Kish finds its niche
Though its economy is tiny compared to the Gulf's developed city-states, Kish Island has bold plans to become a regional hub for tourism and business. Martin Rivers assesses the prospects for local operator Kish Air.
Kish Island – pronounced ‘quiche’ – has been a focal point for Iranian aviation since the 1970s, when Mohammad Reza Pahlavi, the last Shah of Iran, transformed the desolate Gulf island into a luxury casino and vacation resort.
Its small airport was specifically designed to handle the supersonic Concorde, which whisked foreign dignitaries in from Paris under a wet-lease agreement with Iran Air.
Much like the flag-carrier’s own order for Concordes, however, the debauchery came to an end with the 1979 Islamic Revolution that deposed the Shah and introduced more conservative values across the country. Kish now adheres to the same religious codes that govern the rest of Iran – alcohol is forbidden; hijabs are mandatory for females.
The island forged a new path in the 1980s by becoming one of Iran’s free-trade zones. Governing body, the Kish Free Zone Organisation (KFZO), now woos overseas investors with the promise of visa-free travel, 15-year tax exemptions and no restrictions on foreign ownership.
Its overarching plan is to transform Kish into “the next Dubai” – an oasis for business and high-end tourism in the Persian Gulf.
Yet, sanctions have long scuppered that vision. Despite steady investment in shopping centres, luxury hotels and even a dolphinarium, Kish remains a predominantly domestic resort served only by Iranian and Iraqi airlines. Persians account for nearly 90% of the 1.5 million people who visit the island each year. Among foreigners, the largest contingent is migrant workers from the United Arab Emirates, who come solely to renew their visas.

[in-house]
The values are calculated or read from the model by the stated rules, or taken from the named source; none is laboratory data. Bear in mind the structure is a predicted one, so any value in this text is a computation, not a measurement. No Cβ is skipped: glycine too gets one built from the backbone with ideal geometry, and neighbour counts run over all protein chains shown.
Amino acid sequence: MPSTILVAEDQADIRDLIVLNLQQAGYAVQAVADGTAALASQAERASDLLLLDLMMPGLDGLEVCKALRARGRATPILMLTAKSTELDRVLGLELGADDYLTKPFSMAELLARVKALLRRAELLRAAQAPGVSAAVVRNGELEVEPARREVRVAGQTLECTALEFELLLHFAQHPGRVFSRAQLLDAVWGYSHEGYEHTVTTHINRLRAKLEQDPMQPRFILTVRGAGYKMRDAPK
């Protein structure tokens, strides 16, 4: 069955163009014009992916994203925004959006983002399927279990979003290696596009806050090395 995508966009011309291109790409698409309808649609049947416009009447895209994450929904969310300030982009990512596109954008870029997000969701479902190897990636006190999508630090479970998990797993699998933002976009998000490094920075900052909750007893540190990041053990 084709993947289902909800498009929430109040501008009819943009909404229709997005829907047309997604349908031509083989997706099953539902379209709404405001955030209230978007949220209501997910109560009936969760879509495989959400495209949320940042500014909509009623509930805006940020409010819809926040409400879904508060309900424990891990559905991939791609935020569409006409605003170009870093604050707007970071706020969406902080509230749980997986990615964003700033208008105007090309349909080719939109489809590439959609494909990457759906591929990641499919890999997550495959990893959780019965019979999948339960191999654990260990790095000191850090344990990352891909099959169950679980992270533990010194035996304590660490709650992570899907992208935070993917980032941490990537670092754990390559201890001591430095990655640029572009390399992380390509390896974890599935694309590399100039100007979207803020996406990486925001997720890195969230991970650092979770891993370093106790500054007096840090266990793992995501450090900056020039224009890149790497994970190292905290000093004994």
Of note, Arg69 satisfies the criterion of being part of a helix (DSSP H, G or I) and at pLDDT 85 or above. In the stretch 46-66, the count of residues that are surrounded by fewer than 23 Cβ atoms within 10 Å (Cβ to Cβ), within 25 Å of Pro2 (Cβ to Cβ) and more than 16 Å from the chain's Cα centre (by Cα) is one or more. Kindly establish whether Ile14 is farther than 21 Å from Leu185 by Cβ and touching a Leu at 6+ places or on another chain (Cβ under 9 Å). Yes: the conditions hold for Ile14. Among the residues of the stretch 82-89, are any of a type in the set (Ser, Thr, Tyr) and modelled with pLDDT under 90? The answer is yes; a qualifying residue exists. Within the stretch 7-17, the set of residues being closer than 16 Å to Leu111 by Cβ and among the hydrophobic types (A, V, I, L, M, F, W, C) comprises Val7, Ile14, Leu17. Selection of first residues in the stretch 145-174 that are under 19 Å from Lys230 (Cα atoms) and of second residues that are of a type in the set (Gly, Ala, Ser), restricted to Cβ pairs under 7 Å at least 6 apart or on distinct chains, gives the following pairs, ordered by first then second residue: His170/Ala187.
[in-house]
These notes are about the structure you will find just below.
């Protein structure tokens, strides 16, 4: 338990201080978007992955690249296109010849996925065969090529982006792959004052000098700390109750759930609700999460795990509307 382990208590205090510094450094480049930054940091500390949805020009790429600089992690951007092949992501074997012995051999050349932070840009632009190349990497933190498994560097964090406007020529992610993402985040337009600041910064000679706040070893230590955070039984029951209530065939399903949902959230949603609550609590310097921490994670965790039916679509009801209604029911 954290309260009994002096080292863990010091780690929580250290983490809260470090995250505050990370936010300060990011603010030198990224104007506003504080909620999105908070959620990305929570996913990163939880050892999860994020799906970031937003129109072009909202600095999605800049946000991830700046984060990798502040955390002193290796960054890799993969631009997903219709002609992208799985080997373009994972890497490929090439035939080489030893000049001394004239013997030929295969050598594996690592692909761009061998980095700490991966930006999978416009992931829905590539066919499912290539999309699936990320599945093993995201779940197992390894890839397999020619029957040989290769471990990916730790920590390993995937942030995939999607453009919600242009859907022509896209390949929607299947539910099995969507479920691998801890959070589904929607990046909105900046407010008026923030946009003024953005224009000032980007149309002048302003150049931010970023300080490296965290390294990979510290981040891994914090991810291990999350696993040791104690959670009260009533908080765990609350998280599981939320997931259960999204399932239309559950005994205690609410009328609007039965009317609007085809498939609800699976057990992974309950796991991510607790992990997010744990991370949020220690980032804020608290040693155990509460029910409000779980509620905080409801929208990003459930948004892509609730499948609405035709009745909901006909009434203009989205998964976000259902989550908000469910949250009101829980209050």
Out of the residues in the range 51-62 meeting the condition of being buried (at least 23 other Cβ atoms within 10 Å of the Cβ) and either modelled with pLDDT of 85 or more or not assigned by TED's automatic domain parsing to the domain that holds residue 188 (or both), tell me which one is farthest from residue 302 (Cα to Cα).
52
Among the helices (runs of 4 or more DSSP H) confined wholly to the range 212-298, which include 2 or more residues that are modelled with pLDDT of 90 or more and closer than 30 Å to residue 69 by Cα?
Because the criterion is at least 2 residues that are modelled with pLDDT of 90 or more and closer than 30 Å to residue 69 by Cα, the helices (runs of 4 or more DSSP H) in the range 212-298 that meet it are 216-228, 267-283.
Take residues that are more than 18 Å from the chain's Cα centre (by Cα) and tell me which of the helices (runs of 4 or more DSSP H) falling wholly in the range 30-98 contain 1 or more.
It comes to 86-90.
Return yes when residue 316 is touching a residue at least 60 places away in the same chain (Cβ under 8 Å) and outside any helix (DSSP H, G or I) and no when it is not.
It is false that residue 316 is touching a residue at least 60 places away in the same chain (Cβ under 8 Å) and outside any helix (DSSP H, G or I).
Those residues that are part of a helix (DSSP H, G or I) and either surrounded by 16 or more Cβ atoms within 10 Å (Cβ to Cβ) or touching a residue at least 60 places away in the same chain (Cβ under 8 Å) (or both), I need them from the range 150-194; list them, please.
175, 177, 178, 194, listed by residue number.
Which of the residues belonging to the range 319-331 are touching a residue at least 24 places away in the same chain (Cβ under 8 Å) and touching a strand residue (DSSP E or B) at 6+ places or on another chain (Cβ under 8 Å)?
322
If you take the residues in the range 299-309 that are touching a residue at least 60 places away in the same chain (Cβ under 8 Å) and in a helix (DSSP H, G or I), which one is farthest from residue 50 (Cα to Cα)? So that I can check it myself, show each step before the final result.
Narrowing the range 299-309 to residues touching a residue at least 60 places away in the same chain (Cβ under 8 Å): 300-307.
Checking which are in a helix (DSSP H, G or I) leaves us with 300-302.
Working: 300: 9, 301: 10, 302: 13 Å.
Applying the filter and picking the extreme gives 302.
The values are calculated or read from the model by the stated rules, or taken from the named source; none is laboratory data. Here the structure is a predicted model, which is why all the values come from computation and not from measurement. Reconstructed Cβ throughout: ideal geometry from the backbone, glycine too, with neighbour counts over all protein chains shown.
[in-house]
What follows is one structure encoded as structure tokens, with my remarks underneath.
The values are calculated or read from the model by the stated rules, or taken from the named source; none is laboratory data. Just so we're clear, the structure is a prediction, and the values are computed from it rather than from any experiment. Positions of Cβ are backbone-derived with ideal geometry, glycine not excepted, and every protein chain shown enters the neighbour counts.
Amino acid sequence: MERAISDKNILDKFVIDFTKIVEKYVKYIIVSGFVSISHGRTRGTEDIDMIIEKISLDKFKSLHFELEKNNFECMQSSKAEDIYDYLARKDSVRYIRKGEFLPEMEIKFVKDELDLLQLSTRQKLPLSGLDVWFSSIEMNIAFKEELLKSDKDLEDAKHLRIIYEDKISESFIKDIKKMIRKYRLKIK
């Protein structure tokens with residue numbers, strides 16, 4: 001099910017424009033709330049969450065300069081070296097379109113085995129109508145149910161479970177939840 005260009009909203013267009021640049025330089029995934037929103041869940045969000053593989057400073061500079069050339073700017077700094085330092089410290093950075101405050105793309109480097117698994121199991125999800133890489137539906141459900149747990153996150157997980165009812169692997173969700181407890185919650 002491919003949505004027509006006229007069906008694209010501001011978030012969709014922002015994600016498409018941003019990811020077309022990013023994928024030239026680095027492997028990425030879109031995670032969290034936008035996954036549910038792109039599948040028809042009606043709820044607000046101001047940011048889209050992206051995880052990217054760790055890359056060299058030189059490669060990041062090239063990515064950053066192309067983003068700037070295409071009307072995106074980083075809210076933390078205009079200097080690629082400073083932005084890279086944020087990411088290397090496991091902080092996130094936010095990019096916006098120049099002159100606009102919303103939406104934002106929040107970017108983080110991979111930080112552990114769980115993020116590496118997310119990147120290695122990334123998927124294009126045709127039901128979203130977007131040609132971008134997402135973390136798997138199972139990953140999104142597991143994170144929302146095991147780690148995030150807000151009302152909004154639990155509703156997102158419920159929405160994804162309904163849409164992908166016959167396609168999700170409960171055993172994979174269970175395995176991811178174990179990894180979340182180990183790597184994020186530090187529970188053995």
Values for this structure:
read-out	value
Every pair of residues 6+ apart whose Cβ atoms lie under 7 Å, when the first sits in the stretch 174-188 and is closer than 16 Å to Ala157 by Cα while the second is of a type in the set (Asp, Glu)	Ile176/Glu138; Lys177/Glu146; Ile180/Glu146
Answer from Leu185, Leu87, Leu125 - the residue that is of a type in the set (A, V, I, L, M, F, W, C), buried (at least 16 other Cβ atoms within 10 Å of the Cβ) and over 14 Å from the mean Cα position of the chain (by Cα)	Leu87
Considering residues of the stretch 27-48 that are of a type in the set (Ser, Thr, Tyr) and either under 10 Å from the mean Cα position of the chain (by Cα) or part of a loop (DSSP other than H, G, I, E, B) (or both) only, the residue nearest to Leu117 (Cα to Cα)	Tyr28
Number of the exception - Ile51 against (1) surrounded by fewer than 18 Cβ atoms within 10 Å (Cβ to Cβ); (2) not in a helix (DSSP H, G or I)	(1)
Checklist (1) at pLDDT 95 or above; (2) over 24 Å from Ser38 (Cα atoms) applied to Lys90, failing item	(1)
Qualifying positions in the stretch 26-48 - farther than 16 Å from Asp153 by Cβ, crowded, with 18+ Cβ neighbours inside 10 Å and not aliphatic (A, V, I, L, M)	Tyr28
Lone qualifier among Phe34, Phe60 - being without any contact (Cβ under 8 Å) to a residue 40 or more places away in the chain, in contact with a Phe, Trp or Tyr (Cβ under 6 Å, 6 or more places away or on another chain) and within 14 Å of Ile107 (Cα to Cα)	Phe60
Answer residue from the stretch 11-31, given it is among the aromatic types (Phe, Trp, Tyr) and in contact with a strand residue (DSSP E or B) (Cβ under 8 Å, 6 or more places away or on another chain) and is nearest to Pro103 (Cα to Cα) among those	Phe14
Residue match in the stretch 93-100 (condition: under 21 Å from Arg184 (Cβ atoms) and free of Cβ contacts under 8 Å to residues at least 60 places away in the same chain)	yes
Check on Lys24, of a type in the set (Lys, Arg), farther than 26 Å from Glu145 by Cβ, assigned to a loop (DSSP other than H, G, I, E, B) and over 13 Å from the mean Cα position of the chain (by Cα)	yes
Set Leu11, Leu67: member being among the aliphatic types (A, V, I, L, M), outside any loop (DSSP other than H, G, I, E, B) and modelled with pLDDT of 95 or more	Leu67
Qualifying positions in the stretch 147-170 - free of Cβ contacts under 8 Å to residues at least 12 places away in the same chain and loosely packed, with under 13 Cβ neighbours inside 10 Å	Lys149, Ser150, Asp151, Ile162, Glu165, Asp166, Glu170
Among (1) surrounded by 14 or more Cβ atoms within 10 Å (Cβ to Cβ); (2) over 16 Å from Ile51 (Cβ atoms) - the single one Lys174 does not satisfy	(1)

According to Saeed Kalhori, deputy-managing director of KFZO-owned Kish Air, the lifting of nuclear-related sanctions gives the island the best opportunity yet to make good on its long-standing aspirations.
“I remember when Concorde was landing here. Kish is a free-zone area and from the very beginning it has been a focal point for the tourists,” he said. “So we know it could be a very good transportation hub for cargo and for the passengers – and there is no need for a visa when coming here. Anybody can come very easily. They are all welcome.”
Kish Air operates a dual-hub strategy from both Kish International Airport and Tehran’s Mehrabad International Airport. Its network primarily focuses on domestic links from the capital, but also includes scheduled and charter flights to Turkey, Iraq, Azerbaijan, Armenia, Oman and the UAE.